Meet Doctor Finklestar: Space Urologist. Sophisticated humor this is not, but it does deliver the funny. It’s from C.H. Greenblatt, creator of the upcoming CN series CHOWDER which looks rather promising.
Here’s a recent AWN interview where a Disney exec producer explains his credentials that qualify him to work in the animation industry:
As exec producer of Disney’s newest animated shows for tweens, what exactly do you do? How is an exec producer different from a producer?
JT: As the exec producer I am the “show runner.” The ultimate responsibility for all creative decisions rests with me. Having said that, my background is comedy writing, so my style is to delegate a lot. Heather Martinez, my director, who is a great artist, is in charge of most “art decisions.” I only weigh in on what I feel are the most crucial ones and I concentrate more on writing, acting and editing.
How long have you been interested in animation? You originally came to Los Angeles with the goal of becoming a lawyer. At what time did that switch for you and how did you transition into animation?
JT: Actually, I came to L.A. as a stand-up comedian. I had quit the law to do comedy. My transition to animation was pretty abrupt. I had been writing for American Movie Classics and Fox Sports when Steve Marmel suggested I freelance a script for the Fairly Oddparents. (He was the story editor.) I wrote a script in February and in June, I was a staff writer.
If you’ve ever wondered why mainstream studio cartoons are so intolerably awful, just ask the former lawyer and stand-up comic who’s responsible for all the artistic decisions on a Disney TV series. There’s hundreds of people like him in this business; it’s just that most of them don’t go on the record talking about their lack of knowledge about the art form. Then again, a lot of them do go on the record. To better understand how they’re collectively screwing the animation industry, be sure to read John Kricfalusi’s fearlessly honest blog post “Crackpot Executive Beliefs.”
Is it just me or is there more innovative stop-motion work being produced today than at any time in recent memory? To follow-up on the post below, here’s an excellent piece of computer-manipulated stop-motion, live action and puppeteering. This new Norah Jones music video, “Sinkin’ Soon,” is directed by Ace Norton. Watch it at NorahJones.com (go to the “Media” section, click on the TV screen, and then click on the “Sinkin’ Soon” title).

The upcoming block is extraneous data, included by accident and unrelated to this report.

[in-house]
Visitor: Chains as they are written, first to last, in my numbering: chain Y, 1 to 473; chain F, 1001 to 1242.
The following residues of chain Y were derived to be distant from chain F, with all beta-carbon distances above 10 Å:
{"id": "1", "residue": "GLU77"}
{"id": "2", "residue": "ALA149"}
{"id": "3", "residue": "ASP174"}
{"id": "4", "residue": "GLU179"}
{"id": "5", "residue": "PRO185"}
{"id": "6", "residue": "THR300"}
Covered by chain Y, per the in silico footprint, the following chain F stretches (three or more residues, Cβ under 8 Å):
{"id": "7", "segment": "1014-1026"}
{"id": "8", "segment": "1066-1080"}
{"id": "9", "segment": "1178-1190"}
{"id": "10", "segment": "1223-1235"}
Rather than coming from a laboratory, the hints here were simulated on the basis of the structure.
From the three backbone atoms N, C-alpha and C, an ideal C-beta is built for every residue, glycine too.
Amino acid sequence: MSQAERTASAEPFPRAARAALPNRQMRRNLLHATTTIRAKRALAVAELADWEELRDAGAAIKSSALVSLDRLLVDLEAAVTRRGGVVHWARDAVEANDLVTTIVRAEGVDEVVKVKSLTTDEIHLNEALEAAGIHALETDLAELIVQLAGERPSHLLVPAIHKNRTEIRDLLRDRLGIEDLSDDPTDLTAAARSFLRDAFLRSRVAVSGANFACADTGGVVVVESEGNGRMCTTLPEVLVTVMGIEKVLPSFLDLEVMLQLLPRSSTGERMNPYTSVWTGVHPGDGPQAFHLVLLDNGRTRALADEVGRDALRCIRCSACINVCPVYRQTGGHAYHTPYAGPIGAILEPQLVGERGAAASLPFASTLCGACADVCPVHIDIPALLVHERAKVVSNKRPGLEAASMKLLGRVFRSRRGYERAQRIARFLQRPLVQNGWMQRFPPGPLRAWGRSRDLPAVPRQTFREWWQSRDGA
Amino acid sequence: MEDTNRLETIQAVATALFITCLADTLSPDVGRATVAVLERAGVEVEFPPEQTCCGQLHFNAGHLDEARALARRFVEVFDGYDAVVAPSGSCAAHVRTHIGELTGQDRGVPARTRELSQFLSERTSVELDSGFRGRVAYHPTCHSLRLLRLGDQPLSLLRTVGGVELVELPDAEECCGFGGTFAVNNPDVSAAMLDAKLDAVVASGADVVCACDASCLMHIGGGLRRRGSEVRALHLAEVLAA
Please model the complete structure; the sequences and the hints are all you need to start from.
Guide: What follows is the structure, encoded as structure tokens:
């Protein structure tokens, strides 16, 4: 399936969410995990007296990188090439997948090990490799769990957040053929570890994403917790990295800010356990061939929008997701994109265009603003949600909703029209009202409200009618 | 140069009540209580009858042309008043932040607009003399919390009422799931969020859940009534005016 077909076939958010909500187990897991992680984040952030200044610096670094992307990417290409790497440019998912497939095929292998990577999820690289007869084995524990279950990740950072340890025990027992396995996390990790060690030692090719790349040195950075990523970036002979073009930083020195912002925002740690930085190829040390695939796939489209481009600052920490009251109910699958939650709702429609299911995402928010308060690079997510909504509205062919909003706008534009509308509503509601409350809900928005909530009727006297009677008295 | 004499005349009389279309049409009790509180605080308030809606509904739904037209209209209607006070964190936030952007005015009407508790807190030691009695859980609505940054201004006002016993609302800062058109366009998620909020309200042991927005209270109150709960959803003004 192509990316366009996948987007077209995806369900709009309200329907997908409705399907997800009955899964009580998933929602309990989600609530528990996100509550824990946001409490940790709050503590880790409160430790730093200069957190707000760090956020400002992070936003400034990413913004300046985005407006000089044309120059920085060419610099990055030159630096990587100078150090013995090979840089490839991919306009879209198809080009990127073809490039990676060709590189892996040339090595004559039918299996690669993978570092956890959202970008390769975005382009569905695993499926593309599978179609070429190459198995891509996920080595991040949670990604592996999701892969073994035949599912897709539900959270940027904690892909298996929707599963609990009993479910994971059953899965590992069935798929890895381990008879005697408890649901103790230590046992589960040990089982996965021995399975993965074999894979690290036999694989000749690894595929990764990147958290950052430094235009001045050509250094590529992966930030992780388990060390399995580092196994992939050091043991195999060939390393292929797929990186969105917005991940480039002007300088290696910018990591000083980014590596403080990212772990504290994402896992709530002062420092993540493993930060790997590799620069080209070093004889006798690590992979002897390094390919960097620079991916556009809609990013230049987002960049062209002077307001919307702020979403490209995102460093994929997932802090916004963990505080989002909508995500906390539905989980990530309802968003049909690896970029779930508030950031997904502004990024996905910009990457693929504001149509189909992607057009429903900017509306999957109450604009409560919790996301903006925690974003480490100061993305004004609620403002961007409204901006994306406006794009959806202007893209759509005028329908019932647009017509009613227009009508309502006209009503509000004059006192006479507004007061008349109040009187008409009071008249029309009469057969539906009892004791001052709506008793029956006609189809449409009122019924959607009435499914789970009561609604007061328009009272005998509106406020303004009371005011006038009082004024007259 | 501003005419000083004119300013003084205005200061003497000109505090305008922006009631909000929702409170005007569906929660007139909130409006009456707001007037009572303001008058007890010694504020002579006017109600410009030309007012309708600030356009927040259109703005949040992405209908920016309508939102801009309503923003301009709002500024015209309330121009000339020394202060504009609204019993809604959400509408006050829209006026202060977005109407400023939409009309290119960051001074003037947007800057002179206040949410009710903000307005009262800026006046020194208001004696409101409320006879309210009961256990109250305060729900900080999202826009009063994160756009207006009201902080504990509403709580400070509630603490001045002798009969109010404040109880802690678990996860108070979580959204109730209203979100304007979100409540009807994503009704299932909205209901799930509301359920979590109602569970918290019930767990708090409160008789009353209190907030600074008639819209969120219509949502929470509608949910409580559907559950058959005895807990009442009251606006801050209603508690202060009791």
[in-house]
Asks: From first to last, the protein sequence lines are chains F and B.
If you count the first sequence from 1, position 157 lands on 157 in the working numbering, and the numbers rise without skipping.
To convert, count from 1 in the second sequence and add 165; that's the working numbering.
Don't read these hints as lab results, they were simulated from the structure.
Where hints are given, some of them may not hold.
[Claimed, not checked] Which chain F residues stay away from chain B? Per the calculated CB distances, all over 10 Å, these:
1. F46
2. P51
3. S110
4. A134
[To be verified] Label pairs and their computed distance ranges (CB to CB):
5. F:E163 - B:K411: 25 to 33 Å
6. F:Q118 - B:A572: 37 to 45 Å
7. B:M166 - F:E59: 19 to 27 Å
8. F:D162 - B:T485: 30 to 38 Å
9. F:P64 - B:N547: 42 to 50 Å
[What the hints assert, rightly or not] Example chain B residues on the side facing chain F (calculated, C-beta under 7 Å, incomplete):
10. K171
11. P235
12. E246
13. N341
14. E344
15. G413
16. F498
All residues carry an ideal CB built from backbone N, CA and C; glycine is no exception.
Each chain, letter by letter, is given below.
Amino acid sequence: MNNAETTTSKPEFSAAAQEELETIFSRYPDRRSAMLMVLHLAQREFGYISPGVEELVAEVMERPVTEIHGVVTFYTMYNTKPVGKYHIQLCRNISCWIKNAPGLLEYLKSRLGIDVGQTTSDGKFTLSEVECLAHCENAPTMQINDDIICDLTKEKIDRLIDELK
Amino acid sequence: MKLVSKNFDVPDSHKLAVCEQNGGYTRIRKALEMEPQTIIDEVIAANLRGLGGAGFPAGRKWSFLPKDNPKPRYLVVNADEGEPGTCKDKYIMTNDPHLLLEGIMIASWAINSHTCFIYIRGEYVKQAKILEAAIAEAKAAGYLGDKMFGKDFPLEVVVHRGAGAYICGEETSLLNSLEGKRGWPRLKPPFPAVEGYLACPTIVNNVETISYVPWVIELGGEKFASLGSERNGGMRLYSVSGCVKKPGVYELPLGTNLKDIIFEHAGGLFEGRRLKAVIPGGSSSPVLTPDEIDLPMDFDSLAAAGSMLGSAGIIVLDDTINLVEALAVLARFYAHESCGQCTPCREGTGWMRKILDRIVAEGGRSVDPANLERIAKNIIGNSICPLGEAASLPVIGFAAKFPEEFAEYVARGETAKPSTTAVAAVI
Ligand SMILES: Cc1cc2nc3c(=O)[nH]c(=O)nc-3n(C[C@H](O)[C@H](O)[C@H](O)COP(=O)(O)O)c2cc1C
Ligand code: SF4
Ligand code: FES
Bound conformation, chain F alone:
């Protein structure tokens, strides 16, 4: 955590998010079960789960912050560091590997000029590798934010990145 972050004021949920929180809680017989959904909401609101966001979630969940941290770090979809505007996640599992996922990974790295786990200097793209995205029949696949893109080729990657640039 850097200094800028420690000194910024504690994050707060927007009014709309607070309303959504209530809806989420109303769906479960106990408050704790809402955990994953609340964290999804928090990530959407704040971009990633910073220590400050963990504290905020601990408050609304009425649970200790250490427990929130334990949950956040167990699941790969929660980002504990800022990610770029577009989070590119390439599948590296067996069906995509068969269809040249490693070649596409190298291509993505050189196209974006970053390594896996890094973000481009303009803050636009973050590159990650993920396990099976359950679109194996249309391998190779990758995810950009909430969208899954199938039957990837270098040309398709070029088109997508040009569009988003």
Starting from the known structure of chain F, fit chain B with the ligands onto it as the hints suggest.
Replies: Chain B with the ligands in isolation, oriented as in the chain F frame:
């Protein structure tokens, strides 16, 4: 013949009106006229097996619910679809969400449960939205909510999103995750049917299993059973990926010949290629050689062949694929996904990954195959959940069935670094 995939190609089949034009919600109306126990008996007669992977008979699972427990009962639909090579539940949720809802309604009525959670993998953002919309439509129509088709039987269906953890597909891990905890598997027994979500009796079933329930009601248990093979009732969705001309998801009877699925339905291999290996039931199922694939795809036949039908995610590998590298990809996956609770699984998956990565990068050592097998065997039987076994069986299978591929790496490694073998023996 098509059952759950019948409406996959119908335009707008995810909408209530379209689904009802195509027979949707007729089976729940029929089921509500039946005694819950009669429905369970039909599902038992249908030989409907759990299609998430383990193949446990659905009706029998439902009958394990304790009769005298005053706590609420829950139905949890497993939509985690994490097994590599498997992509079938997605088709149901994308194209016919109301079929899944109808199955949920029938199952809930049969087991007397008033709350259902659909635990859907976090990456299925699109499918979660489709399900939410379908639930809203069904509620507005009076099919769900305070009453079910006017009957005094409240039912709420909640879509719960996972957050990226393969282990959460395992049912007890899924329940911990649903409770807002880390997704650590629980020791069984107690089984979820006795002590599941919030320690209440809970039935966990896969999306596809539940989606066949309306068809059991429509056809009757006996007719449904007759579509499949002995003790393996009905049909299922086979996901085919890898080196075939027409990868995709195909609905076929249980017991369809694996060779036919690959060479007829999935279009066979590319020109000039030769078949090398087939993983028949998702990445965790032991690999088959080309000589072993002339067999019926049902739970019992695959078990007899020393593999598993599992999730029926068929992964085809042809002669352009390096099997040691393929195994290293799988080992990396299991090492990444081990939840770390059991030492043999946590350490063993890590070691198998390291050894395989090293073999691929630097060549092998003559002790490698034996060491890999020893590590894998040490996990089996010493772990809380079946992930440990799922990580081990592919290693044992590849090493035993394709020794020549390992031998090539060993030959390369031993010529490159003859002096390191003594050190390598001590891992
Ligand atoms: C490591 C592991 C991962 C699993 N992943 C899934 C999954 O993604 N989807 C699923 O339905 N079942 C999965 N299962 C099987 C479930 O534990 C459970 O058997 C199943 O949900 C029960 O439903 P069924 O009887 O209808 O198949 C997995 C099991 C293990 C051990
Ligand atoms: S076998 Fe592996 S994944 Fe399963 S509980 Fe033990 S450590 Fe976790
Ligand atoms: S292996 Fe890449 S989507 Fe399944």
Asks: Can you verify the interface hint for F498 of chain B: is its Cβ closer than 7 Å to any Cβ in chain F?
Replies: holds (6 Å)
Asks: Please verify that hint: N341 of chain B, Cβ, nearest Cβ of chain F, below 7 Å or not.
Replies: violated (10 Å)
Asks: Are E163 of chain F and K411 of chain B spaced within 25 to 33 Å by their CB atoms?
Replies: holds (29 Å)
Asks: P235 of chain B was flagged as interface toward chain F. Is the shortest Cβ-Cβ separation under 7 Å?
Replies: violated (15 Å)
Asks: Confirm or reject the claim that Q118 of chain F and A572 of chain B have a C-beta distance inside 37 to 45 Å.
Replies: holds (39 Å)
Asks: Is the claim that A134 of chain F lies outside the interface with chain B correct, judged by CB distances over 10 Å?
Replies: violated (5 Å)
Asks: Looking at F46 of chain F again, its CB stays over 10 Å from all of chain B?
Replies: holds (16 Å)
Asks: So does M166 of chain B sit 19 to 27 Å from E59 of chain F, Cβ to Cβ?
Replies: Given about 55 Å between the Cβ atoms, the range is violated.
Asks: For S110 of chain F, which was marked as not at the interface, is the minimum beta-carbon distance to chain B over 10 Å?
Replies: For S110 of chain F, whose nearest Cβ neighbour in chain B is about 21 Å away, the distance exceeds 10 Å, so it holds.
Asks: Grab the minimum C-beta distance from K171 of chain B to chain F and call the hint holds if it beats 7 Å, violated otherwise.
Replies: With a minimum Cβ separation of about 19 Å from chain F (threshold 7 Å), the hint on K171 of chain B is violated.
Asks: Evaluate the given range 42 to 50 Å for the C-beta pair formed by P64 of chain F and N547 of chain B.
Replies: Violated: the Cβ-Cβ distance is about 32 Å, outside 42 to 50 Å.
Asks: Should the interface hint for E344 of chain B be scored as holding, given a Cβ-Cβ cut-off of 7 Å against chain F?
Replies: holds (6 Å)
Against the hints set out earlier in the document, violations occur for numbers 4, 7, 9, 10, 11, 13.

I really dug the raw visual vibe, and the immediacy and energy of the animation. Ben Zelkowicz, the supervising animator on the video, shares a few behind-the-scene details about its making:
It was a pretty crazy shoot – most of the animation was being shot on the same stage simultaneously with the live action, so lights were constantly getting tripped over, tables bumped, etc. as we (myself and Tennessee Reid Norton did most of the animation) tried to pump out the vast amounts of footage the director Ace Norton wanted. But I like the lo-fi aesthetic, all found objects, shooting several angles at once, as fast as humanly possible. I am particularly fond of the Svankmajer-esque screw guy playing the trumpet shot I did.
Animator TR Norton also has a few photos from the production posted on his blog.
Last week’s episode of FAMILY GUY included this enjoyable interlude of Stewie dancing with Gene Kelly. Wouldn’t it be something special if a modern TV series regularly afforded this much thought to its animation and choreography? The original clip of Jerry the Mouse dancing with Kelly can be seen here.
UPDATE: Steve Worth of ASIFA-Hollywood’s Animation Archive wrote in with some comments about this sequence:
How much “thought to animation and choreography” does it take to rotoscope someone else’s animation and slap your own character over the top of it? If this was a parody, it would have added some sort of comment through additional humor. If it was a tribute, they would have had the respect not to obliterate the great animation by Ken Muse and Ray Patterson by pasting their own poorly traced drawings over the top of it. To my eyes, this looks like the Family Guy crew took the hard work of these legendary artists and copped it for themselves without adding a single thing to it. They can get away with it, because the viewers probably have never heard of Gene Kelly, much less have seen the clip of him dancing with Jerry Mouse.